Afghan Security Under Attack As Troops Leave

The presidents of Afghanistan and Pakistan met in Istanbul Tuesday to discuss how to stabilize Afghanistan as foreign troops leave. A suicide attack in Kabul Saturday left 13 NATO forces dead, part of a string of recent violence. Host Renee Montagne speaks with Seth Jones of the RAND Corporation about the state of security.

Copyright © 2011 NPR. For personal, noncommercial use only. See Terms of Use. For other uses, prior permission required.

RENEE MONTAGNE, HOST:

Last weekend brought the deadliest attack yet on NATO forces in Kabul, one of a series of attacks bold enough to make headlines, beginning with the 20-hour siege of the American embassy. Those attacks over several weeks raised new concerns about security in Afghanistan's capital. One militant group in particular, the Haqqani Network, is thought to have orchestrated the most spectacular attacks. Seth Jones is the author of "In the Graveyard of Empires." Good morning.

SETH JONES: Good morning, Renee.

MONTAGNE: Now, these very high-profile attacks in Kabul can give the impression that Taliban anti-government forces have, you know, barbarians at the gate, you know, reached the gates of the capital.

JONES: Well, I think its primary objective is to establish a psychological impact. Kabul is the one city where we do see foreign media, so they will pick up these kinds of attacks, and it will be viewed often as - at least perceived - as an increase in the threat picture.

MONTAGNE: Well, the Haqqani Network is linked to the Taliban - not precisely the Taliban as we understand them - but it has been linked to the most complex, deadly attacks. It seems like the enemy that is the toughest to beat.

JONES: That's not accurate at all. I mean, by far the largest group, the largest number of foot soldiers remains the Taliban. But the Haqqani Network, which is actually a fairly small network, does not have a large support base in Afghanistan, but partly because they're based in North Waziristan with a range of other groups, including al-Qaida, whom they continue to have a good relationship, have been able to pull off some of the most sophisticated attacks in Kabul, complex attacks at major hotels, against Afghan government buildings, attacks that really require advanced planning, execution, more than just fighting, for example, in a field the way most Taliban fighters are in areas like southern and eastern Afghanistan. But the fact of the matter in Afghanistan is that every major insurgent group, from the Taliban to the Haqqani Network, have their command and control structure on the Pakistan side of the border, and in most case with direct support from the Pakistan government, or at least its intelligence service.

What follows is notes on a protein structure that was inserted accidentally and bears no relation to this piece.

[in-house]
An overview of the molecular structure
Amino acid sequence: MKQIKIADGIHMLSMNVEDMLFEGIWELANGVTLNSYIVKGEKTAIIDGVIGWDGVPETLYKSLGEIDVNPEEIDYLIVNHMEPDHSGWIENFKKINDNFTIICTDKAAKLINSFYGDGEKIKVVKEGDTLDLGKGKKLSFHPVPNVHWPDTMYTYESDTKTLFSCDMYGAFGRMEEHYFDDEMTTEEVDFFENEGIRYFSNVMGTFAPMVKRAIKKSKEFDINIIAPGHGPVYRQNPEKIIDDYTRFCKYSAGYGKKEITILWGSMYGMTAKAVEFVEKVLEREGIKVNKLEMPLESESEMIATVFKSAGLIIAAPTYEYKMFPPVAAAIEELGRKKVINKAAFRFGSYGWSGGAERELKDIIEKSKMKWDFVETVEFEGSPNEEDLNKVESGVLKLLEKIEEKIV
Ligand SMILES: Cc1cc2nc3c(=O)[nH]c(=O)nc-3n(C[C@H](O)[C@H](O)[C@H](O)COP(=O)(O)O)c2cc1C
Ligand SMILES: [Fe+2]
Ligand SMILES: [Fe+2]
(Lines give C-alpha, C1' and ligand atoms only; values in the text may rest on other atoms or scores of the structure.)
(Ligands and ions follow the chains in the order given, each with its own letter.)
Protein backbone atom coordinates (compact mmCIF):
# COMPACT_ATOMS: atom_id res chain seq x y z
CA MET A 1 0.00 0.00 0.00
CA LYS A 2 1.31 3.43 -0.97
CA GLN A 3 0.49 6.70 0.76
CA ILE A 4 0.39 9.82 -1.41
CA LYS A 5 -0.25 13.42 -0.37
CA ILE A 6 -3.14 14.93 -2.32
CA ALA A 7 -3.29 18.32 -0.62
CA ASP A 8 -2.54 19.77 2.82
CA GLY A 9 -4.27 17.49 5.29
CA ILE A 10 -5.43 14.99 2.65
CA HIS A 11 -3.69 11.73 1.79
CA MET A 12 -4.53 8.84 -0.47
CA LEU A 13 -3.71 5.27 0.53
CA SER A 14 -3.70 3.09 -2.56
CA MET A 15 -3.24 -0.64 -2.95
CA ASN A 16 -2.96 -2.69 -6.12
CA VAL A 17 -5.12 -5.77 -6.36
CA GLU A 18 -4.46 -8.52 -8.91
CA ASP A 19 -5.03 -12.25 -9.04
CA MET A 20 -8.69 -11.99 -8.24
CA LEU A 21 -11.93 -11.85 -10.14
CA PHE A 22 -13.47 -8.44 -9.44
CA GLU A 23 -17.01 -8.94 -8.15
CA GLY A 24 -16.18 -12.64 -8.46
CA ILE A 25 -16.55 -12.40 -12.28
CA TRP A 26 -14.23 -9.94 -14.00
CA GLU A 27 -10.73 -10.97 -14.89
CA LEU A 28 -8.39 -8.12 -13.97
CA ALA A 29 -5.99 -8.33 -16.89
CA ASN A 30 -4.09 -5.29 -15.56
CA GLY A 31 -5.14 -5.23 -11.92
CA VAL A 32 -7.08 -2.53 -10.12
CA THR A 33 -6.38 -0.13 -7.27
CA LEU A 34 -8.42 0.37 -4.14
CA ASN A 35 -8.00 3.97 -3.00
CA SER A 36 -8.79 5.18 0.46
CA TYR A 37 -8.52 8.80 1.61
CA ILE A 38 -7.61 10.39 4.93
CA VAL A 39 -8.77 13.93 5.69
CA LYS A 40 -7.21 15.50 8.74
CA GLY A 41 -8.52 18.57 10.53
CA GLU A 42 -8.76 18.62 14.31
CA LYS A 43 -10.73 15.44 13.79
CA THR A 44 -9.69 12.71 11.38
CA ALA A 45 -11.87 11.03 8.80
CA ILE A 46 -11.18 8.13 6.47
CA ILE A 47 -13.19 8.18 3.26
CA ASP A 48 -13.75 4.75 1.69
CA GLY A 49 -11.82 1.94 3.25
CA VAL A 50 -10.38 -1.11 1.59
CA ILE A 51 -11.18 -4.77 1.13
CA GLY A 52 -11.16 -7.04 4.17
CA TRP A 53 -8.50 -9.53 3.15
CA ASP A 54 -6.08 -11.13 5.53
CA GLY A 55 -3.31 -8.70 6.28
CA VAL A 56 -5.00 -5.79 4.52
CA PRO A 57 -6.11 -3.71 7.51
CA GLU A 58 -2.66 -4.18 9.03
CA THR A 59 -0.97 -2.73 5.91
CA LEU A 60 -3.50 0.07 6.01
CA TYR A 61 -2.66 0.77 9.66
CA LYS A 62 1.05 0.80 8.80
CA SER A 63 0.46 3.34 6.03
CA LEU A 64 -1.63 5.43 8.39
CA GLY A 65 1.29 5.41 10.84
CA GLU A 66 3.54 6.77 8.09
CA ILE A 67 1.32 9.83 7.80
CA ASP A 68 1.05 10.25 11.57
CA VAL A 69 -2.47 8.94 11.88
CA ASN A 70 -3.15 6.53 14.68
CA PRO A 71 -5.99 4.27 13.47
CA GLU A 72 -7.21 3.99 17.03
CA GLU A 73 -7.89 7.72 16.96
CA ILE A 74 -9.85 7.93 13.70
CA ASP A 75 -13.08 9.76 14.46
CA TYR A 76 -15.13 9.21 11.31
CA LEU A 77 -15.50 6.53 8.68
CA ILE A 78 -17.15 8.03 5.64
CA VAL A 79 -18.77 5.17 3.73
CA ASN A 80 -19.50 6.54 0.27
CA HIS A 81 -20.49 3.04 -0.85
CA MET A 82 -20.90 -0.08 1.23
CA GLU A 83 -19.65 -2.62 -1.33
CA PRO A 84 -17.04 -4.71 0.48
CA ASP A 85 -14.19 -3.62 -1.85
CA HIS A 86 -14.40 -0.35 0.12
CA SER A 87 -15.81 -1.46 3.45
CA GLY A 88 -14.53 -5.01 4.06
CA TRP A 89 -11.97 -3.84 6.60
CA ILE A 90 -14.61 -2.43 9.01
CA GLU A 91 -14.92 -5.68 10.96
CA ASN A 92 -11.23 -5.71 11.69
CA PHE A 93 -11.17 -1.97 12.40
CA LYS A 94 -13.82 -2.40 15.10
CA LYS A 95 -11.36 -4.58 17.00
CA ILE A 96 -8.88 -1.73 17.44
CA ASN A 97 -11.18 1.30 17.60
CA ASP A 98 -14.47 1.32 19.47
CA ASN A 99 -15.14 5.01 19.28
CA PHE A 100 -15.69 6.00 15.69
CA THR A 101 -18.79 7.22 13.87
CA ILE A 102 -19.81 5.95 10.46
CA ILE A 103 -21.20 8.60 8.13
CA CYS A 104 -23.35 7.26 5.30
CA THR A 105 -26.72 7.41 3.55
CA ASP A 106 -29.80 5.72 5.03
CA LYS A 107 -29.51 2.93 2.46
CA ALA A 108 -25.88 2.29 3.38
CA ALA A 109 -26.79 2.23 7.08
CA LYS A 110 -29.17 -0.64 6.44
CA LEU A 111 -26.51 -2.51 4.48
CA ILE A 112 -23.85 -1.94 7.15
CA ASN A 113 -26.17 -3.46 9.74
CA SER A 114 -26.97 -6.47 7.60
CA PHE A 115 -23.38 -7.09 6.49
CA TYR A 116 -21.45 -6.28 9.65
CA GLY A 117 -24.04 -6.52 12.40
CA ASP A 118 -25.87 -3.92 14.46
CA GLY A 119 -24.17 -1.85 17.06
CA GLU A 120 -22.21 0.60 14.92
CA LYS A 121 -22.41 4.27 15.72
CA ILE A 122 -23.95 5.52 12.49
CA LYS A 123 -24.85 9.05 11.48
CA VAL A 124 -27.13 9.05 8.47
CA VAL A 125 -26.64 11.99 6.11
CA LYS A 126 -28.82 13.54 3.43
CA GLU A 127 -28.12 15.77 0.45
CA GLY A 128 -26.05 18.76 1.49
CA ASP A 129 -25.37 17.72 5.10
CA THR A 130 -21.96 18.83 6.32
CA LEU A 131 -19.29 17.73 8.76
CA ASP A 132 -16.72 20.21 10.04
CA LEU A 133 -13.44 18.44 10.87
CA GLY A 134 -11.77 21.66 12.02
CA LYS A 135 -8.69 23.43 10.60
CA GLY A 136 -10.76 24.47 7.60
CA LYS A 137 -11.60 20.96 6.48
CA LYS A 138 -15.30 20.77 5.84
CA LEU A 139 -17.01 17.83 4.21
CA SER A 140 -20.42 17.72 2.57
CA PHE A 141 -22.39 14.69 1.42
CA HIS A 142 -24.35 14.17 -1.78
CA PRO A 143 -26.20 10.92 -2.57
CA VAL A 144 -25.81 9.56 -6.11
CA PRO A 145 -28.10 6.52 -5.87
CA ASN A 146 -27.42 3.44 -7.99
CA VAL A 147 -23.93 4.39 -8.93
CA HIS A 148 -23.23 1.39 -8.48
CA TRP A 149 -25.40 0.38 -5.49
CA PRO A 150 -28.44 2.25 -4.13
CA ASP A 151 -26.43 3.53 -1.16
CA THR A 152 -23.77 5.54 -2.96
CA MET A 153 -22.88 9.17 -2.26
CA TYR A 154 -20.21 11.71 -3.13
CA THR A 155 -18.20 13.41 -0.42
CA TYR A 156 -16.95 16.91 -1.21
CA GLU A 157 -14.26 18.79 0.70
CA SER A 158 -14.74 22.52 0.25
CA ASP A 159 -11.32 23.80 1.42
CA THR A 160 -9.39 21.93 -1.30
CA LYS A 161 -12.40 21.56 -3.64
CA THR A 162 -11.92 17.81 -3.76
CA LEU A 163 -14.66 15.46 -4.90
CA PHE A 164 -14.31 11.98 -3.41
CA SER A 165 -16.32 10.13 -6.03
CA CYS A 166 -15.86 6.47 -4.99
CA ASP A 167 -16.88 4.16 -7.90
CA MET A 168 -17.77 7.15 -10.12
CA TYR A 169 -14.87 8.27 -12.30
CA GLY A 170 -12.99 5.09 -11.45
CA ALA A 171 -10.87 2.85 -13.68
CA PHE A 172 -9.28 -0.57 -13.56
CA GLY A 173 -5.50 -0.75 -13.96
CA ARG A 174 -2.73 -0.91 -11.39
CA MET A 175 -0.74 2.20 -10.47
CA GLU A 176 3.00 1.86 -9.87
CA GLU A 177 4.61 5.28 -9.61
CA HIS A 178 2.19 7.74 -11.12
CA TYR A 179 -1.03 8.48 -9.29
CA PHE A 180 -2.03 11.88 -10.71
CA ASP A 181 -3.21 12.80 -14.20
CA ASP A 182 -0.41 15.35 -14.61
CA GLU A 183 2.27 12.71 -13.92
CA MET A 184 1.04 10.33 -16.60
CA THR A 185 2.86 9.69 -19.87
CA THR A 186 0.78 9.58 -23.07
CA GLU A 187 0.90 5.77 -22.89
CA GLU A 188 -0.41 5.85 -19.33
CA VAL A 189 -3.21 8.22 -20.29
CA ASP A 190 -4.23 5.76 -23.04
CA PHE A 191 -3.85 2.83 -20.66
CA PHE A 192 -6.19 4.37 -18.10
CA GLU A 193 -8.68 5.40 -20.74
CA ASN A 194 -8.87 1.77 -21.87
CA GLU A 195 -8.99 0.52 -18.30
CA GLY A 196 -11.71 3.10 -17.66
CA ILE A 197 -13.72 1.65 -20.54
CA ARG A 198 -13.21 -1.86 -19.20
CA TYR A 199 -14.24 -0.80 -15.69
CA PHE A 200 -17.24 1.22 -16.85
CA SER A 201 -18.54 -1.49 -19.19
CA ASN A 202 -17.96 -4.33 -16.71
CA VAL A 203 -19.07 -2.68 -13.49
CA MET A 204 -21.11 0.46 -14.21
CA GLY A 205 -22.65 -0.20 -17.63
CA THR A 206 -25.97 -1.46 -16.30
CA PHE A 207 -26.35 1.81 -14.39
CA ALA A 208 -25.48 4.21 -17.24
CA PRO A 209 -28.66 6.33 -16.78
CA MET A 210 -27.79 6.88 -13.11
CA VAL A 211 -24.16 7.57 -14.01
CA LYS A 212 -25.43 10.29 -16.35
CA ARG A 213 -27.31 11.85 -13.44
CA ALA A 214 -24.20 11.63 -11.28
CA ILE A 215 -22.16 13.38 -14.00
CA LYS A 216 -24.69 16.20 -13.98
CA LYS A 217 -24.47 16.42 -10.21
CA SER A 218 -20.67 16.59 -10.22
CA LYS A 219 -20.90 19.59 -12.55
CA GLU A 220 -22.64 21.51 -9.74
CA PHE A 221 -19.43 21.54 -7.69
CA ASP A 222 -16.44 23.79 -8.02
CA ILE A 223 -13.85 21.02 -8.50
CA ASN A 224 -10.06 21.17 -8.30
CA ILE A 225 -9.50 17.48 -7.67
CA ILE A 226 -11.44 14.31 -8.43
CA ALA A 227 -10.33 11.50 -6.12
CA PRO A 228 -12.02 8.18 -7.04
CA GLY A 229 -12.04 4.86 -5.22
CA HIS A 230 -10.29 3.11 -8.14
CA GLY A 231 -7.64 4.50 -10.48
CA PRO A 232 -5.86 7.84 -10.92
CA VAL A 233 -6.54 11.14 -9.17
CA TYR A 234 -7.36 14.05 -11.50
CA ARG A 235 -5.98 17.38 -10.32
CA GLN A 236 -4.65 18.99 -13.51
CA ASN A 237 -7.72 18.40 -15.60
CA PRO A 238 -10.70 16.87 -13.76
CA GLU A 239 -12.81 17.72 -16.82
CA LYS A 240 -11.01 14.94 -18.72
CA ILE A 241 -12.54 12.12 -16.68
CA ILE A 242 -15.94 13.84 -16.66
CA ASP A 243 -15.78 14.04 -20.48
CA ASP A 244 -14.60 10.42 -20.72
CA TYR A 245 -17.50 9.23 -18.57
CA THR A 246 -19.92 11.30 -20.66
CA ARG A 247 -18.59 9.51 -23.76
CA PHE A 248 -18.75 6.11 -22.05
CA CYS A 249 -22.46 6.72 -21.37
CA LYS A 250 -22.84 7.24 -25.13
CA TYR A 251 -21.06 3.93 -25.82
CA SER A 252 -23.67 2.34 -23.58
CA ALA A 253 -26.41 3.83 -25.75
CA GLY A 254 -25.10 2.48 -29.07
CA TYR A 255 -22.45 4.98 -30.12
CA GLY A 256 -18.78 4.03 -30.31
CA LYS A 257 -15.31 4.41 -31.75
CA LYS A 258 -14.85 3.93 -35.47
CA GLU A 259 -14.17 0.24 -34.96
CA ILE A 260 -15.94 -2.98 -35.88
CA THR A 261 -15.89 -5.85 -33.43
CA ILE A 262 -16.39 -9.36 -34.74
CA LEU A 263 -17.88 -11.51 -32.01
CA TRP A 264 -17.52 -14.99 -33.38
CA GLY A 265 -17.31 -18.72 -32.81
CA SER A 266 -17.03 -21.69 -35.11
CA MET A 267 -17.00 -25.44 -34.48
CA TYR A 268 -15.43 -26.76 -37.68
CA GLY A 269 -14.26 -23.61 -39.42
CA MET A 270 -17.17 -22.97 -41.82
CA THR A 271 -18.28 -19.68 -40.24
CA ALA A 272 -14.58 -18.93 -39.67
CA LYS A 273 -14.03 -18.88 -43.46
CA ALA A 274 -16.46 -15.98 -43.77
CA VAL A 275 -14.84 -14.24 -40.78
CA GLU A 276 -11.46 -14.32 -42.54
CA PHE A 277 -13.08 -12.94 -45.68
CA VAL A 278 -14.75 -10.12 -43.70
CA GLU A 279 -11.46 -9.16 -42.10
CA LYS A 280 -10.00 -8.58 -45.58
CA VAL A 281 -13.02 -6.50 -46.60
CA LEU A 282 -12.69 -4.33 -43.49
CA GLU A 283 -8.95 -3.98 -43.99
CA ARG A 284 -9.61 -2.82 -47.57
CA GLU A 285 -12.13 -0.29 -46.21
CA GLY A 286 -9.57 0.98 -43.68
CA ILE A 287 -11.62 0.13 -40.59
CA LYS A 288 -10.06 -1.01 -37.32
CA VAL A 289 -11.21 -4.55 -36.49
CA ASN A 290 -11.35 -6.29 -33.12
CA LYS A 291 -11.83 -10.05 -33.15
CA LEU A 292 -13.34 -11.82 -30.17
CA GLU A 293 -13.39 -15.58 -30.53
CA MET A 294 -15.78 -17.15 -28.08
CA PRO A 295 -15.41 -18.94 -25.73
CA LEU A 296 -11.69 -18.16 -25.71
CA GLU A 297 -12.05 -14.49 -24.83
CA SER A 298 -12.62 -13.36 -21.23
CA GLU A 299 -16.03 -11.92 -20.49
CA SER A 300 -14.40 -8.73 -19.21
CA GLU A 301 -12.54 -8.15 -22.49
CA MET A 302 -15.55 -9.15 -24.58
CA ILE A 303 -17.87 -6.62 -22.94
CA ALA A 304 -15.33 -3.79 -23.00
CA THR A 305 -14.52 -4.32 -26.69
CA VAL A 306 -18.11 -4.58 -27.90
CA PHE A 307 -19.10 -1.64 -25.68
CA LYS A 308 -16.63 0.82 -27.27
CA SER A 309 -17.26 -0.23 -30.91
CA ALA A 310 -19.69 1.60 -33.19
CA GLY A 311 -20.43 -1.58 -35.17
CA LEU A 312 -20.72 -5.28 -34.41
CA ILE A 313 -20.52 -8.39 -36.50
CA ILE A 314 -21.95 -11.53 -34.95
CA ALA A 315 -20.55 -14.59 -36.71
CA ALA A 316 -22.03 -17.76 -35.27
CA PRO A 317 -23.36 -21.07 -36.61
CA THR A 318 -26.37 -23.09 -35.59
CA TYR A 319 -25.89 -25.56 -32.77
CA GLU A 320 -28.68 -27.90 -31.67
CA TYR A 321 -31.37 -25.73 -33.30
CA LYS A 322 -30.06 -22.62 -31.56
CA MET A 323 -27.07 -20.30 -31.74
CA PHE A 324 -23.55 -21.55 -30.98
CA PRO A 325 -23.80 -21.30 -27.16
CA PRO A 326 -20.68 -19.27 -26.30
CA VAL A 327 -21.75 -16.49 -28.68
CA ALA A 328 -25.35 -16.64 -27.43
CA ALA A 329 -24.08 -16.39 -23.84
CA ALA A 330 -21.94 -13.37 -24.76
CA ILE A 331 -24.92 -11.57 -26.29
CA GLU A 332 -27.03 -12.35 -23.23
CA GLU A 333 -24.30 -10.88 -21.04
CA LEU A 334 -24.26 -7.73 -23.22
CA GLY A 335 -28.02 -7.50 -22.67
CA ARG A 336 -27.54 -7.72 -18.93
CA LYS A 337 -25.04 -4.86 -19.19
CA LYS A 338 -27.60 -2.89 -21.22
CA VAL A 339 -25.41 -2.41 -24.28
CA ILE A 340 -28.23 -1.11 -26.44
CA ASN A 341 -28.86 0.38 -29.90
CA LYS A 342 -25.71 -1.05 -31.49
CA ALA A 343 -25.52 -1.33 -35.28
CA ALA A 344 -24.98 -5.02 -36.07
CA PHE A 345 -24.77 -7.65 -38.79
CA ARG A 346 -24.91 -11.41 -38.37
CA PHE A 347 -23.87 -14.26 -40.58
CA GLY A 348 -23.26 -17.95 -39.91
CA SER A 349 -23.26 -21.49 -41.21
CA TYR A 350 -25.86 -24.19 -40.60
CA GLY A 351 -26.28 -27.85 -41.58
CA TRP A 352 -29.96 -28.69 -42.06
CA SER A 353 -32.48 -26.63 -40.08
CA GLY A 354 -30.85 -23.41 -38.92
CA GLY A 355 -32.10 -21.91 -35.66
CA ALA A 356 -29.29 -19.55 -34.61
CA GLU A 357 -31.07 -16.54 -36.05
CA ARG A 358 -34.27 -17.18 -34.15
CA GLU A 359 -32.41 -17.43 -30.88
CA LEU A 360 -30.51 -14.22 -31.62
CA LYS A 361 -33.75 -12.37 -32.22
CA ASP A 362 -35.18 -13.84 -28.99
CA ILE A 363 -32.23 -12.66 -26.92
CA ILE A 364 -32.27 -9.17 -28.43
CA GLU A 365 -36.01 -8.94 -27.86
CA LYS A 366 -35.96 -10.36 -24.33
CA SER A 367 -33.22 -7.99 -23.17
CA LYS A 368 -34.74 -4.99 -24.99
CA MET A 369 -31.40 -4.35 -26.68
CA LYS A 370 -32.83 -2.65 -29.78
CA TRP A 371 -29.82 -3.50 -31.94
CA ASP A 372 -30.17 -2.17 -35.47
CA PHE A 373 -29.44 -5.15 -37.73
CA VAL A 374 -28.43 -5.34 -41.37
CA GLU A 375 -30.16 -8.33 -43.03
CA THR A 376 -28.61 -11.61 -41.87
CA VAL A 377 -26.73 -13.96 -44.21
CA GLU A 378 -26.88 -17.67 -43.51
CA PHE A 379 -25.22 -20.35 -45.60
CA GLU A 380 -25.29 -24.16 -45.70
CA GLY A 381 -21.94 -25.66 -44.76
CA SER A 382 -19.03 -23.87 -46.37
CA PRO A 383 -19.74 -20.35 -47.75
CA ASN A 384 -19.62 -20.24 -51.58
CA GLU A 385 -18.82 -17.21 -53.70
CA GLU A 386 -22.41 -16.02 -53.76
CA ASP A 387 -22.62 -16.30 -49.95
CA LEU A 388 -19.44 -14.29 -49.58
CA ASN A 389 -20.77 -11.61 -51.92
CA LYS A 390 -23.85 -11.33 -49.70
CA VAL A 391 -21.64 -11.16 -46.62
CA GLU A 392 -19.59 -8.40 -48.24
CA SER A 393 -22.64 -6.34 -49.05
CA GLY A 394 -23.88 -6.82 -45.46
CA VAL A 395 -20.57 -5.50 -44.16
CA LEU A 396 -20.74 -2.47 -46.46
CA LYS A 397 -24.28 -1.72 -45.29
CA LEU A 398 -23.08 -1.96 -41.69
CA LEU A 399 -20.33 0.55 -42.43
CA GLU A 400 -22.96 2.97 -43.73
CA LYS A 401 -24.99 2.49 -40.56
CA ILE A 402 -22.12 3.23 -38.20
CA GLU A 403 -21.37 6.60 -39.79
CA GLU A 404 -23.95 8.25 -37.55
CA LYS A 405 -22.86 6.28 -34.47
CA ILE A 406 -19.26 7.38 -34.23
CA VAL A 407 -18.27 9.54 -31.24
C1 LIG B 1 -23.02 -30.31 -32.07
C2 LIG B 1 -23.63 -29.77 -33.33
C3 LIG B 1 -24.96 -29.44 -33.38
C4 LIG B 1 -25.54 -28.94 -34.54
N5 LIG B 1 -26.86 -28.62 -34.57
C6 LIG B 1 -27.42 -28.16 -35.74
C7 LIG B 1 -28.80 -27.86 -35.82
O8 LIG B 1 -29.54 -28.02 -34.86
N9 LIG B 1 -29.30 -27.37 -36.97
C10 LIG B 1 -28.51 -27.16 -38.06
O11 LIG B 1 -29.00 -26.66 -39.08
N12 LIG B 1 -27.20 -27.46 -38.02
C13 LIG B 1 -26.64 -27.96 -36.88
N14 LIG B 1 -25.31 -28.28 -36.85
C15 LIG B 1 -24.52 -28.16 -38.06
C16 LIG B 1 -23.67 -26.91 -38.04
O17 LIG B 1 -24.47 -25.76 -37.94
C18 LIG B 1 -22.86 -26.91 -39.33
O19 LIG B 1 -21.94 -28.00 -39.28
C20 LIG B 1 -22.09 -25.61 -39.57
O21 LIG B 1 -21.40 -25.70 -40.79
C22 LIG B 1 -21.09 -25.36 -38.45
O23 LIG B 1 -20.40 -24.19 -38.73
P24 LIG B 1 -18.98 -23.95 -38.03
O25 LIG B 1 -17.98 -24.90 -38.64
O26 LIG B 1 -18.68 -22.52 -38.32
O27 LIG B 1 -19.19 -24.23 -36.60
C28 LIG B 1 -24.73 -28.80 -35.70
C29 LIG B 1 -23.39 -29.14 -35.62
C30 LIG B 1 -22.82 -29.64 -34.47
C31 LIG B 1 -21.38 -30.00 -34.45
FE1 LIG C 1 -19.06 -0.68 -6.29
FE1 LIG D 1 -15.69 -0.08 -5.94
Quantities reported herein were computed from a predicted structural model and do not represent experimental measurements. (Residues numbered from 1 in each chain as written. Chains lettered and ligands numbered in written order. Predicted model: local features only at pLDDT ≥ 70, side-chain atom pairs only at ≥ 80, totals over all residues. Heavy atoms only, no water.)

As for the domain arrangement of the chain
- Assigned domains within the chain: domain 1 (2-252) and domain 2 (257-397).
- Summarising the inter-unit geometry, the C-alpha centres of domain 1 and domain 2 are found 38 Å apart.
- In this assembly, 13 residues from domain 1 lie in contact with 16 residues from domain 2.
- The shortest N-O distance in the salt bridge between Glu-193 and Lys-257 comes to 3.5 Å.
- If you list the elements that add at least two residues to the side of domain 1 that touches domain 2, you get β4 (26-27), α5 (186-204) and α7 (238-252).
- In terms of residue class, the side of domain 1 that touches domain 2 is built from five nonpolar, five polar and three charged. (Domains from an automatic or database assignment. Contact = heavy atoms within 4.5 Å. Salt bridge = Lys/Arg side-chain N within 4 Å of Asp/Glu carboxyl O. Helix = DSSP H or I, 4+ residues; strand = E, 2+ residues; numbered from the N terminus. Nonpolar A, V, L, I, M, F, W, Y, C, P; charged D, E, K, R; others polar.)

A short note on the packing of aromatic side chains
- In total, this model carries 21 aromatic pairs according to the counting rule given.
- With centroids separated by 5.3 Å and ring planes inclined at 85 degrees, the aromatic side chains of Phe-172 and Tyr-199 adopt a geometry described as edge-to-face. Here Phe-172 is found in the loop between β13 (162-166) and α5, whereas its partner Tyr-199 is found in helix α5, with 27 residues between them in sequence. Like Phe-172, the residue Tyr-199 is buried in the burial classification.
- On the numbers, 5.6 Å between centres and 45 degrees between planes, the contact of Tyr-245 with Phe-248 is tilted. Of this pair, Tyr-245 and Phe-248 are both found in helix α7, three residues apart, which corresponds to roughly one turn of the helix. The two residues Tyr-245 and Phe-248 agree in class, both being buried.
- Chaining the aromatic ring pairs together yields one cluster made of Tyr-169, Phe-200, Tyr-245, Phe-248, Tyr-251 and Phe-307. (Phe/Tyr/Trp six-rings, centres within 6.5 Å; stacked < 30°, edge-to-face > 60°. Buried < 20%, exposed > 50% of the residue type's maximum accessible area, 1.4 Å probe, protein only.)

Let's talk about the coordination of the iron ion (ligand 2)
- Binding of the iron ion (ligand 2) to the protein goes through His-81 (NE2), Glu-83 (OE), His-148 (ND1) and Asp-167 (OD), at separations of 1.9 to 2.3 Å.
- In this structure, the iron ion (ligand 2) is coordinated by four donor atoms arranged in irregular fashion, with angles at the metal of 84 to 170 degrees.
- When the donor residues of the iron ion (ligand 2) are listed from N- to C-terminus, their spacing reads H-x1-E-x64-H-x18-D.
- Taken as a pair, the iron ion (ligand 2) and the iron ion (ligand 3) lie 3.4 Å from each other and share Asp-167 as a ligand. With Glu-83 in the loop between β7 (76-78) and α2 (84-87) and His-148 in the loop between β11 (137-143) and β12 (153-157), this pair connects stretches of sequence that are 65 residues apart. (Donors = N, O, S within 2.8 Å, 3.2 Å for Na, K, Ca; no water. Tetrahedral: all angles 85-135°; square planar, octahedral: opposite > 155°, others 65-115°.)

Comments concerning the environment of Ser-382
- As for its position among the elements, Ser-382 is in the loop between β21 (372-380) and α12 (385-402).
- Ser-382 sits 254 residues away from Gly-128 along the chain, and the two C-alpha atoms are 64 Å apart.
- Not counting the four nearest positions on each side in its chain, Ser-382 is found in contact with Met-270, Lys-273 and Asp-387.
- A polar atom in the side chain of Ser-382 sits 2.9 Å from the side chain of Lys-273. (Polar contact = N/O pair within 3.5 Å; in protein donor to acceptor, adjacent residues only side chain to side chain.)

MONTAGNE: Could it be said then that Pakistan is itself fighting a covert war against Afghanistan?

JONES: I think there's no question since about 2005 or 2006, Pakistan has been fighting a covert war in Afghanistan. And just to understand why - on one border, Afghanistan has India, with whom it's fought several wars, and on its other border we have what Islamabad views as a President Karzai/Indian alliance. So if you're in Islamabad, you are strategically encircled right now, or at least that's the perception. As Islamabad is looking down the line, it sees an American withdrawal from Afghanistan. And so these proxy organizations, like the Haqqani Network, become important because they serve as a way to get Kabul back and to increase Pakistan's influence in Afghanistan over the long run.

MONTAGNE: What direction does that push the Obama administration? Does it push it into giving Pakistan more power when it comes to peace talks or does it have the Obama administration talking even tougher?

JONES: I actually think the administration has moved in both directions. It's tried to involve Pakistan in peace negotiations about the future of Afghanistan, trying to bring senior elements of the insurgency into a peace agreement. The problem, though, is that there are several senior individuals, like the former president of Afghanistan, Rabbani, who headed the, or was involved in, the senior leadership discussions about a peace settlement, he was assassinated. So there clearly are questions about how viable a peace settlement is, which then pushes the Obama administration also into a second part of this to also target elements of the insurgency in Pakistan. So at the same time it is trying to work with Pakistan on a peace settlement, as well as target insurgents in Pakistan - unilaterally in some cases.

MONTAGNE: Seth Jones is author of "In the Graveyard of Empires: America's War in Afghanistan."

Copyright © 2011 NPR. All rights reserved. No quotes from the materials contained herein may be used in any media without attribution to NPR. This transcript is provided for personal, noncommercial use only, pursuant to our Terms of Use. Any other use requires NPR's prior permission. Visit our permissions page for further information.

NPR transcripts are created on a rush deadline by a contractor for NPR, and accuracy and availability may vary. This text may not be in its final form and may be updated or revised in the future. Please be aware that the authoritative record of NPR's programming is the audio.

Comments

 

Please keep your community civil. All comments must follow the NPR.org Community rules and terms of use, and will be moderated prior to posting. NPR reserves the right to use the comments we receive, in whole or in part, and to use the commenter's name and location, in any medium. See also the Terms of Use, Privacy Policy and Community FAQ.

Support comes from: